Azim Premji Bats For Worker Rights, Says Labour Laws Are Not Among "Industry's Top Constraints"

In an op-ed, the IT services billionaire has said that diluting "already lax laws" will exacerbate conditions of low-wage earners.

New Delhi: IT services firm Wipro founder Azim Premji on Saturday said he was shocked to learn of recent decisions taken by various state governments to weaken labour laws.

In an op-ed in the Economic Times, the Indian billionaire argued that the dilution of “already lax laws” would not boost economic activity.

“This tragedy [death of migrants on train tracks in Aurangabad] is just one of the most wrenching markers of the tremendous misery that hundreds of millions of our fellow citizens are bearing, those who are the weakest and the poorest,”Premji wrote.

“This is the reality we are living through. And so, it was shocking to hear that various state governments, encouraged by businesses, are considering (or have already done so) suspending many of the labour laws that protect workers. This includes laws related to settling industrial disputes, occupational safety, health and working conditions of workers, and those related to minimum wages, trade unions, contract workers, and migrant labourers.”

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Over the last two weeks, multiple BJP-led state governments in Gujarat, Uttar Pradesh and Madhya Pradesh have through varying attempts sought to remove laws governing how companies treat their workers in a bid to attract much-needed investment after the easing of the COVID-19 lockdown.

Acknowledging that he has dealt with his share of “draconian laws and unreasonable trade unions”, Premji points out that many regulations have changed over the past decade and they are hardly among the industry’s “top constraints” today.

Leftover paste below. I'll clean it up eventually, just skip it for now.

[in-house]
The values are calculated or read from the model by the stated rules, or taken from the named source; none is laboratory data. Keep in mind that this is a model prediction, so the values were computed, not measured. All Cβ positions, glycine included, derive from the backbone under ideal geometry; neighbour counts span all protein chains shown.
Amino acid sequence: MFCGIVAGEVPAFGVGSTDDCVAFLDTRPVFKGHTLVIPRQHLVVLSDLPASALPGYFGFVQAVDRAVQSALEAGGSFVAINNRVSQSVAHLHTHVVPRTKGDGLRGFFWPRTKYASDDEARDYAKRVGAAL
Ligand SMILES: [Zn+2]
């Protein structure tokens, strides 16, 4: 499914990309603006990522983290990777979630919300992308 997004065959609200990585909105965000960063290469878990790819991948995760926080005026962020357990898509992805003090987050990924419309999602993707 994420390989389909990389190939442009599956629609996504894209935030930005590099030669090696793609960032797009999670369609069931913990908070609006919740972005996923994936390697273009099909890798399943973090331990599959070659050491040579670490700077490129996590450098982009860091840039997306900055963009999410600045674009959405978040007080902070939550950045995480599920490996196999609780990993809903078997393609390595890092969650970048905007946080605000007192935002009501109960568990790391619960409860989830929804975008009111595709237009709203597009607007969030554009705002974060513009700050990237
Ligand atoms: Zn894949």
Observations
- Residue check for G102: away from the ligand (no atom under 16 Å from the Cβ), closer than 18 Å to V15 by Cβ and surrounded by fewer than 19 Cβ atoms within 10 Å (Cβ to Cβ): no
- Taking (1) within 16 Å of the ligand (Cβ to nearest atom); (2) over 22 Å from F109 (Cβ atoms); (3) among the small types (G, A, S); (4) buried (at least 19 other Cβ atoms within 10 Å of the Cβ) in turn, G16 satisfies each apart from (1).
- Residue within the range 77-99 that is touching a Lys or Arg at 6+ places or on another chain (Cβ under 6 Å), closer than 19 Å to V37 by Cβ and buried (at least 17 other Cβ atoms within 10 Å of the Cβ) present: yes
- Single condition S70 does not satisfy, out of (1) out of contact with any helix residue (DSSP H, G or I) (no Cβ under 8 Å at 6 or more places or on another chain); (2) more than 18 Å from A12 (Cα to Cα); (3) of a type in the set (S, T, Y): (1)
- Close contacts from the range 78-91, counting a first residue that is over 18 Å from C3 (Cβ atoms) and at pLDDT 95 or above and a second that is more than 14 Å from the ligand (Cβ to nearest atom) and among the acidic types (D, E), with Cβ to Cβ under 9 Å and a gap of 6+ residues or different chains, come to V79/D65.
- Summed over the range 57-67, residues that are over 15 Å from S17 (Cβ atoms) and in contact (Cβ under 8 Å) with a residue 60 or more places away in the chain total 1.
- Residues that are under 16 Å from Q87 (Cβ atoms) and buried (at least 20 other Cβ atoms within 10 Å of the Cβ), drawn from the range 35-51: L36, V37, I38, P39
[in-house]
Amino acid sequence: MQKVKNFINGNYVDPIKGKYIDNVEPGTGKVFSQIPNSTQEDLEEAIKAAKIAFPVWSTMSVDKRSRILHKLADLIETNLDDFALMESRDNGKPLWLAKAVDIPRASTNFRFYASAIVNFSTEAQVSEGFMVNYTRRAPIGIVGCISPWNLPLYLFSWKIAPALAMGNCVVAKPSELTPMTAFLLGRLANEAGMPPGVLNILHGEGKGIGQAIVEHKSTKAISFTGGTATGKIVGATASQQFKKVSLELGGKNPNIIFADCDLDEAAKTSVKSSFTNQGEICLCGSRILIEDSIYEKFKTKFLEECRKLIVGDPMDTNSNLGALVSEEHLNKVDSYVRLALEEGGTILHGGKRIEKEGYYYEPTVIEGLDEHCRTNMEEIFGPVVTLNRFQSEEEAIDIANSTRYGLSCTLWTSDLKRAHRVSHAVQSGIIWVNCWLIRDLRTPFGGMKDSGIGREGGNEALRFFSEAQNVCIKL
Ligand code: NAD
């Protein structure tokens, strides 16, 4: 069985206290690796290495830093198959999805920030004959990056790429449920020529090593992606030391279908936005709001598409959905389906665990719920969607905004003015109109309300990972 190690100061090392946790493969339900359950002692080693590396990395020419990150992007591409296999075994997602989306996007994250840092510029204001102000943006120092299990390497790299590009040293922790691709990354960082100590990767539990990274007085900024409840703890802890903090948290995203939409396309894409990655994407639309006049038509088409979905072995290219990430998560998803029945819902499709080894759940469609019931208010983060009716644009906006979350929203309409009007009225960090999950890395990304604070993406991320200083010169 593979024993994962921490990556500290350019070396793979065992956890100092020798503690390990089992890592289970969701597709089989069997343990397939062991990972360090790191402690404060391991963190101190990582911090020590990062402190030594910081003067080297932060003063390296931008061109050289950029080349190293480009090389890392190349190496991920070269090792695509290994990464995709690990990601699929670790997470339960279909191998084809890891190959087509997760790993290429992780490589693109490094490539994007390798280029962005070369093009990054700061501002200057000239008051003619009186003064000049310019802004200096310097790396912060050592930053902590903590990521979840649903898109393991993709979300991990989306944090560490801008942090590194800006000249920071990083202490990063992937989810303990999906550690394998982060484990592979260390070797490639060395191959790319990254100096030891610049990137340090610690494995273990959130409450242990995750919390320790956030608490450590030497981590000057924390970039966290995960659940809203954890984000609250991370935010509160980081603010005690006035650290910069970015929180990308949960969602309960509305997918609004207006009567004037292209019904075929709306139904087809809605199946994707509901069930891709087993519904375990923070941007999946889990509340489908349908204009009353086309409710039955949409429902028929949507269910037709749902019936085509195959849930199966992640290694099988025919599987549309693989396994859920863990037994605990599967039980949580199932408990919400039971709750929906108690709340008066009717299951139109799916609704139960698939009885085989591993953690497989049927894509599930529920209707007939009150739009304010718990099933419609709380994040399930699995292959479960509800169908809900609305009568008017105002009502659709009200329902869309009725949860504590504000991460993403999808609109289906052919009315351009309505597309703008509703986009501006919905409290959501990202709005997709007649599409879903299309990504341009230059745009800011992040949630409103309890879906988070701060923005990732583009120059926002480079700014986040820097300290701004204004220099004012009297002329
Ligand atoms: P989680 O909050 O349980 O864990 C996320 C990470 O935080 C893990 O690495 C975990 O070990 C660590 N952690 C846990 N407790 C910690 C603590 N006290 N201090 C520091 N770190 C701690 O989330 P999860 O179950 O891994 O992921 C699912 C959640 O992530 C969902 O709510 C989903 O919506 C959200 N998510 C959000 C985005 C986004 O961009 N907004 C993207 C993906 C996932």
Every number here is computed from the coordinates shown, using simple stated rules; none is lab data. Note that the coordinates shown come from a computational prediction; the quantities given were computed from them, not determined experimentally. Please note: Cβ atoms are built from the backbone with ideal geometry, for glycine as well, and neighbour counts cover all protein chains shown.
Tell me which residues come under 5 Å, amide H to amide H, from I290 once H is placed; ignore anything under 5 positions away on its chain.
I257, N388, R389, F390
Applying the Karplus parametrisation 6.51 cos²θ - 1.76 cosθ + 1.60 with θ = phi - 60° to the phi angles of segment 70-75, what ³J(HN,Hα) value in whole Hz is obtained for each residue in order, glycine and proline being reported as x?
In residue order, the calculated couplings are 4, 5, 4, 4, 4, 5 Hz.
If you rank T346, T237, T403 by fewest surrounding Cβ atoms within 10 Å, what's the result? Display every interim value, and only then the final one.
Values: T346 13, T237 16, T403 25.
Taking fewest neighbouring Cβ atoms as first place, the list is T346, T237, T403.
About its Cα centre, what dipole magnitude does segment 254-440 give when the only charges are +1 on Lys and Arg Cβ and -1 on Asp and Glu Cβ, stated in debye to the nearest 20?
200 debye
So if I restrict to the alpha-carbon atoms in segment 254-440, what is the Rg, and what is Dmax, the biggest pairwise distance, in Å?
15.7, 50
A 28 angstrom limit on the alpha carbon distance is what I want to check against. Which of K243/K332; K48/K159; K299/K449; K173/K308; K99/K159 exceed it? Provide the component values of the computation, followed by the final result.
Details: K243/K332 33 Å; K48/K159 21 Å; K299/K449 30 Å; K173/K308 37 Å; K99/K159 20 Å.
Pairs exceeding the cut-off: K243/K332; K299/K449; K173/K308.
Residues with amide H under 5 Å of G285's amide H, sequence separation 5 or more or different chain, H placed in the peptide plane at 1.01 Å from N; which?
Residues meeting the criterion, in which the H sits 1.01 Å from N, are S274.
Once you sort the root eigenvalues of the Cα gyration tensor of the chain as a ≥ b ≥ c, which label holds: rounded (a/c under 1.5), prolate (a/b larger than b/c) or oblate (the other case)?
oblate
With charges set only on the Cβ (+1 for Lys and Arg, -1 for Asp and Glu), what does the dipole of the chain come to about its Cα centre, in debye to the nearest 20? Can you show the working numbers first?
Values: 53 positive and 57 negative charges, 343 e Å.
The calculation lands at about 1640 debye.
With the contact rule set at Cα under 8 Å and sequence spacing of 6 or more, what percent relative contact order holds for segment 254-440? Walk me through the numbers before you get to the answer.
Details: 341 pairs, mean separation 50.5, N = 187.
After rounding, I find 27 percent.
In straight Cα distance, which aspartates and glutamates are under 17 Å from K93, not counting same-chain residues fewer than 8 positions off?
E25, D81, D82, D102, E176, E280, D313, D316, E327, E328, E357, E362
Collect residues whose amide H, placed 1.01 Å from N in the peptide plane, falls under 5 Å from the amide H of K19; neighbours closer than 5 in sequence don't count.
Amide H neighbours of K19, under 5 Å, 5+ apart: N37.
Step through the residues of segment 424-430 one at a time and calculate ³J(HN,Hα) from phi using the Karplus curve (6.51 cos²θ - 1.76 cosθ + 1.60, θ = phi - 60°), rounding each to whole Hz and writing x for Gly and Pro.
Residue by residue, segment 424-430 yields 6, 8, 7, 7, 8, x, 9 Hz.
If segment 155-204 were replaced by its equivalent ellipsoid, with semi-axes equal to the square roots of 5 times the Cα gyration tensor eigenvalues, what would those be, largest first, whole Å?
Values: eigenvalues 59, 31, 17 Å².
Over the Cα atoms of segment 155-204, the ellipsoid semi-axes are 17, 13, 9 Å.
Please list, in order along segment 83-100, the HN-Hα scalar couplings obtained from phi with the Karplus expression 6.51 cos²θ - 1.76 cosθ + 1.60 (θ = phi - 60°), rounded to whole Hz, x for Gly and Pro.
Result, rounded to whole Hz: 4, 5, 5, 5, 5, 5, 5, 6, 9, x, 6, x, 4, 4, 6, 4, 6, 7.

He also added that “those sixteen young men [Aurangabad migrants] died” because India has “almost no social security and too little worker protection”.

“All my working life I have dealt with labour unions and labour laws. It is not as though over these past fifty years I haven’t dealt with draconian laws and unreasonable trade unions. But over the past few decades labour laws have changed such that they are hardly among industry’s top constraints. At the same time, social security measures have not increased, thus worsening the precarity of the employed. Diluting these already lax laws will not boost economic activity, it will only exacerbate the conditions of the low wage earners and the poor,” he notes.

“Such measures tend to pit workers and businesses against each other. This is a false choice. We need only look at the past few weeks of experience, the unjust treatment of migrant labour vitiated the social contract between business and labour. This triggered the mass reverse migration of labour, undermining businesses. Thus, such measures are not only unjust but also dysfunctional. The interests of workers and businesses are deeply aligned, particularly in times of unprecedented economic crisis.”

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The IT services tycoon also bats for providing “emergency cash relief of Rs 7,000 per month for at least three months to each poor household/migrant worker”.

“Minimum wages for 25 days per month should be released to all poor urban residents for the period of the lockdown and at least for two months month following the end of the lockdown. Full autonomy and freedom should be provided to stranded and migrant labourers in deciding their travel plans, while ensuring all measures for containment of the pandemic. No one should be forced either to stay back or to return to their home states. Stranded migrant workers should be allowed to travel for free on buses and trains,” his article notes.